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Collins graduates look to future

Carol Rideout gives herself one last look in the mirror before the start of the Collins Career Center commencement exercises for the adult program Friday.

HUNTINGTON, W.Va. — In 1979, Wanda Carpenter graduated from the Lawrence County Vocational School’s first graduating class.

The Scottown native entered the school just after graduating from Symmes Valley High School. She majored in general clerical work.

Friday, Carpenter, 50, graduated again at Collins Career Center’s commencement at the Keith Albee Performing Arts Center.

Having lost her job, Carpenter decided to go back to school and get a degree in surgical technology. But her decision wasn’t without hesitation.

“I was afraid I wouldn’t be able to study and learn,” Carpenter said. “But actually, it was a lot easier this time.”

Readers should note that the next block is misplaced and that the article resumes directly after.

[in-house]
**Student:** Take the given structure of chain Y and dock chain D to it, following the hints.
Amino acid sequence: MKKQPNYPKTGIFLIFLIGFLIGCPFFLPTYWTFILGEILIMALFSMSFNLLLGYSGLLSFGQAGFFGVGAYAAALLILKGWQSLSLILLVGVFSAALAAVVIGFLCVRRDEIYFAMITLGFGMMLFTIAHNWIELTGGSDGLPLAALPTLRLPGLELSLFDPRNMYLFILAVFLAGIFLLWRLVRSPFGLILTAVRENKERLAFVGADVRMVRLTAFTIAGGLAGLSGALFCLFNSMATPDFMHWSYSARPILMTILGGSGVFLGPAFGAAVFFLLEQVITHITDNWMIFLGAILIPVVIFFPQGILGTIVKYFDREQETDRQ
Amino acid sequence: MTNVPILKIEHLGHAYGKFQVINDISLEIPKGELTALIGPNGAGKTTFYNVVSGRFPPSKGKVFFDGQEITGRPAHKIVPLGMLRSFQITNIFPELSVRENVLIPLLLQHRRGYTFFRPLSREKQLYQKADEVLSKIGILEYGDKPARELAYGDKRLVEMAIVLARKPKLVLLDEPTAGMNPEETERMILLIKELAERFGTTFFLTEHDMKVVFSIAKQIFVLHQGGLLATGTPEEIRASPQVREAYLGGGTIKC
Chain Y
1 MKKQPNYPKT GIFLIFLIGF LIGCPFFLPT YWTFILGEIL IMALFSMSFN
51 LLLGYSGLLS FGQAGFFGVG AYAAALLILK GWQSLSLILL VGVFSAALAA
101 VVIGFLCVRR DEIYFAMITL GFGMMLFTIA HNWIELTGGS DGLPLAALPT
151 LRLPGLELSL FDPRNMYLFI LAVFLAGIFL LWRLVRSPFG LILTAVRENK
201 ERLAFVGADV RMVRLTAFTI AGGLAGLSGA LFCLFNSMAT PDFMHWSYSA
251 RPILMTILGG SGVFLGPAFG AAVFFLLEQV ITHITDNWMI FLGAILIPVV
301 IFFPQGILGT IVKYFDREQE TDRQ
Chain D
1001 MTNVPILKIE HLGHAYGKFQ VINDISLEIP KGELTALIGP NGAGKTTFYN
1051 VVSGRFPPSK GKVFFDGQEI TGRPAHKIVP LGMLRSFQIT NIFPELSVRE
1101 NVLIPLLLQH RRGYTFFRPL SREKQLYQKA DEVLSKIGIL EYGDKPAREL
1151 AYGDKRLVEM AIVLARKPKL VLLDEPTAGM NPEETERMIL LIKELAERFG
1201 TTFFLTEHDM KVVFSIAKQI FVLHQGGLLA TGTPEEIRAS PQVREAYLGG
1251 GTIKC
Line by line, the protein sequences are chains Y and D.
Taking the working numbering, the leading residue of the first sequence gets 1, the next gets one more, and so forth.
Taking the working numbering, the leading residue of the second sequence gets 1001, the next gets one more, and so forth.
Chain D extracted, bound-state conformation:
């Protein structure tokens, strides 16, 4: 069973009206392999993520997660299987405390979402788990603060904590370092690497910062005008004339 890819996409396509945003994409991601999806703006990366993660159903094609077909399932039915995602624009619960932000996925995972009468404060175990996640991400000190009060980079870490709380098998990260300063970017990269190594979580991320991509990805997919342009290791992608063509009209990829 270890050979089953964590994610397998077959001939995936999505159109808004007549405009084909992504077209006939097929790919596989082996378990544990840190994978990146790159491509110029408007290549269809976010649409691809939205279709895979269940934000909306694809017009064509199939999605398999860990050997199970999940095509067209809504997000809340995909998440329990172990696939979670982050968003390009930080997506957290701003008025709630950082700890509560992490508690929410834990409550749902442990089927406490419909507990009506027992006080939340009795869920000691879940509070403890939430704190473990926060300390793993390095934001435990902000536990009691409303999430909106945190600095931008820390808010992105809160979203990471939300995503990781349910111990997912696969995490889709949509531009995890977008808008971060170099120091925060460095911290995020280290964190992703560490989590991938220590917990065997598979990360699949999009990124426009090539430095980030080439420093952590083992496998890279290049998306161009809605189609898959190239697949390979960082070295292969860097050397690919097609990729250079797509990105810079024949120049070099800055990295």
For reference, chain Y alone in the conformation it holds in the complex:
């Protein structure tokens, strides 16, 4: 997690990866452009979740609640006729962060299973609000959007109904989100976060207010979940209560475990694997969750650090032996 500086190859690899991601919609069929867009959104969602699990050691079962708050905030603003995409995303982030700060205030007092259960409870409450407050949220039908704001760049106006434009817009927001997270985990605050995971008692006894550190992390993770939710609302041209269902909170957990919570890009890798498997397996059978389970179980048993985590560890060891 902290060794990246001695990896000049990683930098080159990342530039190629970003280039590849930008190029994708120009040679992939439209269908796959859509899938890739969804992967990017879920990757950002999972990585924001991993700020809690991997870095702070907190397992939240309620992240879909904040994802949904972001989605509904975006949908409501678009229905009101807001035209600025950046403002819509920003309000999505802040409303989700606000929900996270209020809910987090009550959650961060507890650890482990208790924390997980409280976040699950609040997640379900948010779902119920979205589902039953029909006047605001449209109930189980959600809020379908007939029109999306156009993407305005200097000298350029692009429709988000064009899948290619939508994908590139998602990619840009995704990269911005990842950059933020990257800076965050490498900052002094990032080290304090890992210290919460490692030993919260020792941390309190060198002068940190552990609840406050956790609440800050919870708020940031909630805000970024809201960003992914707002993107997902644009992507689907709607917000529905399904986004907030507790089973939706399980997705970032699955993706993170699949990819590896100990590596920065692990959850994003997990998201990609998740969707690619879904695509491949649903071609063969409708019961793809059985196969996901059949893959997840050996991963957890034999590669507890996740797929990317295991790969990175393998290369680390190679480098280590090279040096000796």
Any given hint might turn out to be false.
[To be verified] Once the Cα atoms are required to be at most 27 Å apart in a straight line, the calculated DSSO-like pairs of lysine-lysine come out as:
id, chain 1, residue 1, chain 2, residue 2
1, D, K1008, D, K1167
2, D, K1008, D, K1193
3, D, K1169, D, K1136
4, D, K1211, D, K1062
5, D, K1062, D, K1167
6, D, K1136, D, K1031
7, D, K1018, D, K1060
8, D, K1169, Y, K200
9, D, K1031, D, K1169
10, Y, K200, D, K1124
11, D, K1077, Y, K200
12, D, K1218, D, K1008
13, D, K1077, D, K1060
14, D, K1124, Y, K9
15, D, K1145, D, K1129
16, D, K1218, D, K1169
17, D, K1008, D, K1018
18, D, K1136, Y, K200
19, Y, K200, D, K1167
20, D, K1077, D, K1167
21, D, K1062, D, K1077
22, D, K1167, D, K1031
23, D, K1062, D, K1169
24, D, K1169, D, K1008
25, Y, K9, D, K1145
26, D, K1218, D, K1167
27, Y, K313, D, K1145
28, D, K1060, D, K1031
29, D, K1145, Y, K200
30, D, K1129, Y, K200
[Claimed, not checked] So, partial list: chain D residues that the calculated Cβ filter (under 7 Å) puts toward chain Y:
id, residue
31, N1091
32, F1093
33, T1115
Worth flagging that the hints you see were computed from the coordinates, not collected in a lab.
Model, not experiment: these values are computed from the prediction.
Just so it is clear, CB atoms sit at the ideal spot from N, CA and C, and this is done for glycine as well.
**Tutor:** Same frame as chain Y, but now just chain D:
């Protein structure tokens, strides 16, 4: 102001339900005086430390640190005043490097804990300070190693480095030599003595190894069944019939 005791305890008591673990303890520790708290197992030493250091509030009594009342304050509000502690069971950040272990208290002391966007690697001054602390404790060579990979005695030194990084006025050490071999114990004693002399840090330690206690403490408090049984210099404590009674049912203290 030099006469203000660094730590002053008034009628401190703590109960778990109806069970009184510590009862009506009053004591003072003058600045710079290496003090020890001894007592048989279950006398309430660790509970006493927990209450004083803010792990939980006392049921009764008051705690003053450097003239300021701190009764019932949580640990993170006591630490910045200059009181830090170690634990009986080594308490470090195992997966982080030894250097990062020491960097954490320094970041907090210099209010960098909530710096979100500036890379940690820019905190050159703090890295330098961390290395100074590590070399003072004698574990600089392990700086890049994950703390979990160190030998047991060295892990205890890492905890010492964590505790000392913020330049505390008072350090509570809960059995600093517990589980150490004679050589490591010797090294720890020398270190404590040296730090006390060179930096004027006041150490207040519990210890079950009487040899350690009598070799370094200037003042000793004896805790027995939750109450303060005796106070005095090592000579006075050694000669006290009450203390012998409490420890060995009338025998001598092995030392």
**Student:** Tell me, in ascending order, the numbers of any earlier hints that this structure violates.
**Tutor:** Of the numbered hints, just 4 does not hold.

Carpenter said her life experience helped her get through school again, and she already has an interview for another job.

“You’re never too old (to go back to school),” Carpenter said. “It was easier this time.”

Carol Rideout, 49, of Ironton, found herself in a similar situation when she lost her job at Movie Gallery when the company went bankrupt two years ago.

Rideout graduated from CCC in December with a degree in administrative medical assisting. Friday, she graduated as a clinical medical assistant.

She already had a full-time job lined up at the Lawrence County CAO Family Medical Center in the new St. Mary’s Medical Facility in Ironton.

“And it’s all because I went to school,” Rideout said. “I never thought losing my job would be a good thing. I thought I would be scared but I wasn’t at all. Everyone was really nice.”

About 140 people graduated from the adult education programs at CCC Friday evening.

“This is what makes my job enjoyable,” said Superintendent Steve Dodgion. “To see these adults students who have set their sights on starting a new job.”

Dodgion said finding jobs is the theme of the adult education programs.

“Those dislocated workers have lost their jobs because of the economy and we’re able to put them back into the workforce,” Dodgion said.